A useful taxonomy from the introduction of David Mayers’ excellent Dissenting Voices in America’s Rise To Power:
Four strands of dissent are discernible amid the personalities, competing ideas, and rival interests that shaped debate on foreign affairs from Louisiana to Korea. These strands can be labeled as prophetic, republican, nationalist, and cosmopolitan. They interlaced even as they wove through the deeper fabrics of American society and polity: capitalist economy, technological change, population growth, racial-ethnic-religious diversity, class stratification, party competition, and regional tugging.
The prophetic is the most venerable of the four strands. It was nourished by the religious temper and puritan core of the colonial/early independence period. More precisely, this orientation originated in the outlook of seventeenth-century New England theocrats such as John Winthrop. Themselves dissenters — from Anglican ecclesiolatry — they feared God’s wrath at creatures who strayed from His edicts or purpose. Pronounced still in the nineteenth century, before the popular success of Charles Darwin’s biology, the prophetic strand stemmed from belief in God (often depicted in anthropomorphic terms) who judges nations no less than individual souls. A number of dissenters, mainly reared in Protestant tradition, accepted in earnest this idea once expressed by the religiously unconventional Jefferson. This deist said (referring to slavery): “I tremble for my country when I reflect that God is just; that his justice cannot sleep forever.” From such anxiety, resolve could follow to put matters right, evident in voices opposed to enlarging the slave zone via the Louisiana acquisition, evicting Native Americans from their lands, or attacking Mexico in 1846. The idea that God reflexively enlisted on America’s side constituted theological error — blasphemy — for the prophetically minded recusant.
The republican strand sprang from the country’s democratic ethos and distrust of empire, inherited from the 1776 rebellion. This strand of dissent has manifested most frequently and vividly. It gained rhetorical power and influence from America’s being a self-conscious republic — fed by the idea, as self-evident, that representative institutions and liberal values were superior to, also incompatible with, overweening power. In this case, the United States should not substitute the sham of imperium for estimable virtues. Possession of immense power was thought to be disorienting, even disabling. Americans must not lose their way in hubris or worship of imperial idols, against which the 1776 generation had properly mutinied. Republican-minded dissenters thus objected to Louisiana empire, the 1848 Mexican cession, the buying of Alaska, Filipino occupation after the Spanish-American war, and subsequent bids for hegemony. This preference did not recommend national introversion and eschewed sulky isolationism; republican dissenters emphasized instead the power of US example — accountable government, domestic tranquility — as a guarantor of Washington’s influence abroad.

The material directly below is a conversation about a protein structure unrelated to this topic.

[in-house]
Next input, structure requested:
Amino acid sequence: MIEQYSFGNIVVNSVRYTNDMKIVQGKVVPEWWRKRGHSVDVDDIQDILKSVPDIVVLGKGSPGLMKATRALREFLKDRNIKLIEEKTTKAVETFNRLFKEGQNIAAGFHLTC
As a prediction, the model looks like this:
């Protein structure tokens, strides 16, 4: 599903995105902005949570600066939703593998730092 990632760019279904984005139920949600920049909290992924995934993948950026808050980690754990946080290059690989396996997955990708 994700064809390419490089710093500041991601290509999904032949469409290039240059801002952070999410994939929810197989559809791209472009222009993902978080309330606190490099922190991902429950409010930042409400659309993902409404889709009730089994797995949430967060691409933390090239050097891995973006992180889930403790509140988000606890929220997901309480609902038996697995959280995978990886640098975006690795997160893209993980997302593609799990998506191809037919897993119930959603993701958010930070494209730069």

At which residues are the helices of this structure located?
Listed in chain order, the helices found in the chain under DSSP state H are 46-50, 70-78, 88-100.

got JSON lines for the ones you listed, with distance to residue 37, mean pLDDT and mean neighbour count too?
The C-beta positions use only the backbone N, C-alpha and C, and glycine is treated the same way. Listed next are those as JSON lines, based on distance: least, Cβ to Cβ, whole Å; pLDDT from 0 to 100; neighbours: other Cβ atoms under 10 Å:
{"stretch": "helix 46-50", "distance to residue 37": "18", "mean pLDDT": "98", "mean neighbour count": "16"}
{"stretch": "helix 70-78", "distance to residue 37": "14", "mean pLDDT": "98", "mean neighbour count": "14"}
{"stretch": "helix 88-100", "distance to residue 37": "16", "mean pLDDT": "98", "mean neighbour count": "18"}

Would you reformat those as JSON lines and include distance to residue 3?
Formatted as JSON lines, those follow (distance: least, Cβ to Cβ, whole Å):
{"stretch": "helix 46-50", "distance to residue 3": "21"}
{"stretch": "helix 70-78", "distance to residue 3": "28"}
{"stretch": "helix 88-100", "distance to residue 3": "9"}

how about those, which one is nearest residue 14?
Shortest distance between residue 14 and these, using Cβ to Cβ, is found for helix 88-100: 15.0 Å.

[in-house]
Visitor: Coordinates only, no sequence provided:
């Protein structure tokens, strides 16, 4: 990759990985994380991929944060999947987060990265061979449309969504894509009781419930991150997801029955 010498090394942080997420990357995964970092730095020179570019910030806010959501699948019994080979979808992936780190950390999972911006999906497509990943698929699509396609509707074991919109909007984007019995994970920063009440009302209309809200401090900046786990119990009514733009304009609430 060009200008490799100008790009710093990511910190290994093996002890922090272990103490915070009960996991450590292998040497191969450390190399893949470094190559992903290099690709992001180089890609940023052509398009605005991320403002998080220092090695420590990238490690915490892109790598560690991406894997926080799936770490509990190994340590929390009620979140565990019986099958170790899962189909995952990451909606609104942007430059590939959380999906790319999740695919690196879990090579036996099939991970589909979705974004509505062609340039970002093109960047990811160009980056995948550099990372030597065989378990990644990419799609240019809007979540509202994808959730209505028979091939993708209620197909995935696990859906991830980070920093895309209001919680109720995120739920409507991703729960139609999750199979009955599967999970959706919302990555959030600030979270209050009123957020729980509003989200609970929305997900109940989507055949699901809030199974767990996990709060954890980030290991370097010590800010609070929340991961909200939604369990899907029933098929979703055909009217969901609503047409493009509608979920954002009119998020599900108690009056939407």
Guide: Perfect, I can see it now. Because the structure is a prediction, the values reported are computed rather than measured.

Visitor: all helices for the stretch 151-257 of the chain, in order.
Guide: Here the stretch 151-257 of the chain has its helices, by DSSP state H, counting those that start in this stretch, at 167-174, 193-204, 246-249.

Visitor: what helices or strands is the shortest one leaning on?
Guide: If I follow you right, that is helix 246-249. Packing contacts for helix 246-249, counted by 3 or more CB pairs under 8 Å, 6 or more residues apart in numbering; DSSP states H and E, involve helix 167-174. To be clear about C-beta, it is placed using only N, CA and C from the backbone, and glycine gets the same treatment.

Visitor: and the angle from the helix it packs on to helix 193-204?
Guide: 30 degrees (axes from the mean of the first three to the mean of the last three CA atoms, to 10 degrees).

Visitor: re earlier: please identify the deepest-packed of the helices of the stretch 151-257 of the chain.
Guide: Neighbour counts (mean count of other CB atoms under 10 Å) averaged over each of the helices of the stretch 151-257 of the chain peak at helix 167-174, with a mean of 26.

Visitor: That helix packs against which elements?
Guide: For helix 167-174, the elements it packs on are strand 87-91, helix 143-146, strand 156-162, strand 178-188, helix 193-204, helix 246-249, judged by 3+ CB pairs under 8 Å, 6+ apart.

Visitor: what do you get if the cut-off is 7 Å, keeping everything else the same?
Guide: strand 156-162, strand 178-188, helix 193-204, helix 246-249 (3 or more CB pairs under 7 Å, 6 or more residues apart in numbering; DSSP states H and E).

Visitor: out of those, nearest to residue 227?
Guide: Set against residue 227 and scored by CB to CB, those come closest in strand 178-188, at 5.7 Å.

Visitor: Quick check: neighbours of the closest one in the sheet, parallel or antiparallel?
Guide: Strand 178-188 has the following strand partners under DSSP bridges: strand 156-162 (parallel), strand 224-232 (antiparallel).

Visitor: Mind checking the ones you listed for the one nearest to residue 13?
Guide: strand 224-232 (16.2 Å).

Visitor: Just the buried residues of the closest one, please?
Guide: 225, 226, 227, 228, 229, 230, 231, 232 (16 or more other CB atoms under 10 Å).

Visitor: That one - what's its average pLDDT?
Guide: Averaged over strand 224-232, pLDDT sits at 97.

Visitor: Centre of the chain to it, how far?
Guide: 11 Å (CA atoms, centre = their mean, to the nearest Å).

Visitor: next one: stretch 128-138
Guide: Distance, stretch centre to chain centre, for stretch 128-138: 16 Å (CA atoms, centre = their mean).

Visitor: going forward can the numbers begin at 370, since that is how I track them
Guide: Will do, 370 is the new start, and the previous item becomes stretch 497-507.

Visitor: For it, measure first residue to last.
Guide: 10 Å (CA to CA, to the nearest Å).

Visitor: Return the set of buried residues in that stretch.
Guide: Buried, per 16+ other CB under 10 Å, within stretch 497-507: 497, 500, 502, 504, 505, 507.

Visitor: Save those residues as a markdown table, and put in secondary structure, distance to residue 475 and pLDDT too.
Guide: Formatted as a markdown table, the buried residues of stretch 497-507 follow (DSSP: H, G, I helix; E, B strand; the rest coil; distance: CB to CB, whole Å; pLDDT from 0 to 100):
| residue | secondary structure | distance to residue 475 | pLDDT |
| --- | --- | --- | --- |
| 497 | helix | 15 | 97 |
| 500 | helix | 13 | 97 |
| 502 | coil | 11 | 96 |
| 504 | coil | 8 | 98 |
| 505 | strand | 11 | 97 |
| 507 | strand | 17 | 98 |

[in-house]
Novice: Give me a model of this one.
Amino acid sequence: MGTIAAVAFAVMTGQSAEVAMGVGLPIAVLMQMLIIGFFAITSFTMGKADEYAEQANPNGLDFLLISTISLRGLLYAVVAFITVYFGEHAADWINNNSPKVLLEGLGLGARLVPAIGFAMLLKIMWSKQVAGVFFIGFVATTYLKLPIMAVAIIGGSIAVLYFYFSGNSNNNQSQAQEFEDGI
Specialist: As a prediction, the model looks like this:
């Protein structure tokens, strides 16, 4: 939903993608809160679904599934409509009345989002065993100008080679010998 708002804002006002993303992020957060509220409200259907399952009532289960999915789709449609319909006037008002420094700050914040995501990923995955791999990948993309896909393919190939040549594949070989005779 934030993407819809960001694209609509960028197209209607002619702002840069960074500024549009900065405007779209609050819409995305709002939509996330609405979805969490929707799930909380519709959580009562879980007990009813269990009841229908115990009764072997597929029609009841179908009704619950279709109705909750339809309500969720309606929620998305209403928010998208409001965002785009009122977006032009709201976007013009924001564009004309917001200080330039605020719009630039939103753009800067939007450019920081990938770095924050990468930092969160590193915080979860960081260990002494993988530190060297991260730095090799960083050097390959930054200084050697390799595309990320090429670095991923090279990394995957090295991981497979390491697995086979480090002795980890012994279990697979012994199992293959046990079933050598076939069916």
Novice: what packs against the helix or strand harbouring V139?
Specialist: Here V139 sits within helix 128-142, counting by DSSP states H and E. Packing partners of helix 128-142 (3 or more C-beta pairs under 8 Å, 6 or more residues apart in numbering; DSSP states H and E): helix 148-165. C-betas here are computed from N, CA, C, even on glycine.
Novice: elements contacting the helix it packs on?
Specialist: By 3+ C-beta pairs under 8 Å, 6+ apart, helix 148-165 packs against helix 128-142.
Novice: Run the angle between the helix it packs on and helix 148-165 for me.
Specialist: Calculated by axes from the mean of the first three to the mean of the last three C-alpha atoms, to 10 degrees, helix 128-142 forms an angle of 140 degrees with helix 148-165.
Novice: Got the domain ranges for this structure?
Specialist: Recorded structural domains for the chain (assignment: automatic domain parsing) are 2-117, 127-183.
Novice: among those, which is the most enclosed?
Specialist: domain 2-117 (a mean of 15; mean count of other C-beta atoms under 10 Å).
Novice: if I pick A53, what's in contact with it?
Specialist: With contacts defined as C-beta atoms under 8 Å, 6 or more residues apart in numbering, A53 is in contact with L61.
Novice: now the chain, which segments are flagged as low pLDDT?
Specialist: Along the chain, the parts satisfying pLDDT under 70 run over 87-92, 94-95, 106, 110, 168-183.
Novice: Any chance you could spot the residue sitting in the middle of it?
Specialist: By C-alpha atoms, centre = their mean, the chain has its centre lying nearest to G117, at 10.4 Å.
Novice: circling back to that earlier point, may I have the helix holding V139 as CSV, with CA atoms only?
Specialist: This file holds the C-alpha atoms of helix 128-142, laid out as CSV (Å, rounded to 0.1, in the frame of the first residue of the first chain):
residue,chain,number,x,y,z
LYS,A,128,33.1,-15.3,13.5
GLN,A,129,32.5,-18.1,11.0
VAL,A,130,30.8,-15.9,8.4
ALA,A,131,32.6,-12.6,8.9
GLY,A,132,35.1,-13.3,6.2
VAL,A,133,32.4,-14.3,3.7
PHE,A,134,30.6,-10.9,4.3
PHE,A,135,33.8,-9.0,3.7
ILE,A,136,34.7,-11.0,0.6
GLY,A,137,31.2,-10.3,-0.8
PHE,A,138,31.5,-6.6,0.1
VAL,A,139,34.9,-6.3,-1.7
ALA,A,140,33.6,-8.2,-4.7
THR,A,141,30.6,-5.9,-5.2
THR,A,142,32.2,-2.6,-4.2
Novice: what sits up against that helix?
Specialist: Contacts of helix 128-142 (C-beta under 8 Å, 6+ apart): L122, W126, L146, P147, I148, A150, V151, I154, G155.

The nationalist strand, in tension with the first two, is related to the realpolitik school of thought and flows from colonial/pioneer anxieties about survival in a harsh environment, unforgiving of weakness and unrelieved by reliable allies. One should not explain or make excuses for the cultivation of power in this dangerous world. Therein feeble people perish. Energetic and fit ones survive in a ceaseless contest of all against all — Thomas Hobbes’s state of nature writ large. By this standard, one should take confident steps to tame the Indian west. One should not surrender vital parts of sovereignty to a League of Nations or other internationally pretentious organizations. One should not be passive before adversaries, whether in Axis or Sino-Soviet garb, but act boldly to preserve security and economic well-being. This nationalist approach, properly understood, eschewed jingoism and chauvinism while insisting on the dignity of US interests defined in terms of power. As realpolitik has dominated American practice, its adherents have only infrequently found themselves in a dissenting or minority position.
The cosmopolitan strand is connected to the extroverted and voluble quality of the citizenry, to the diversity of its religious-national origins, and to convictions (vaguely Kantian) about right international conduct. Moreover, this cosmopolitan strand — tending against the nationalist strand and sometimes reinforcing the prophetic and republican — arose from the notion that US power did not exist as an end in itself. Correctly conceived, American power in economic-military form should serve humanitarian aims on behalf, for instance, of persecuted minorities: Greeks and Armenians in the Ottoman empire, Polish subjects of czarist Russia in 1863, Jews in Nazi-controlled Europe. Such an attitude did not seek to justify eternal wars of intervention on behalf of humane causes. Yet the United States, Abraham Lincoln’s “best hope of earth,” was enjoined by ethical progress and universal principles to discharge duty whenever possible beyond political frontiers. Embedded in this notion is a rejection of unvarnished empire in favor of that viewpoint that discerns states and peoples existing in a maturing society of norms, laws, and reciprocal obligations.
(image via CyberPhoenix001)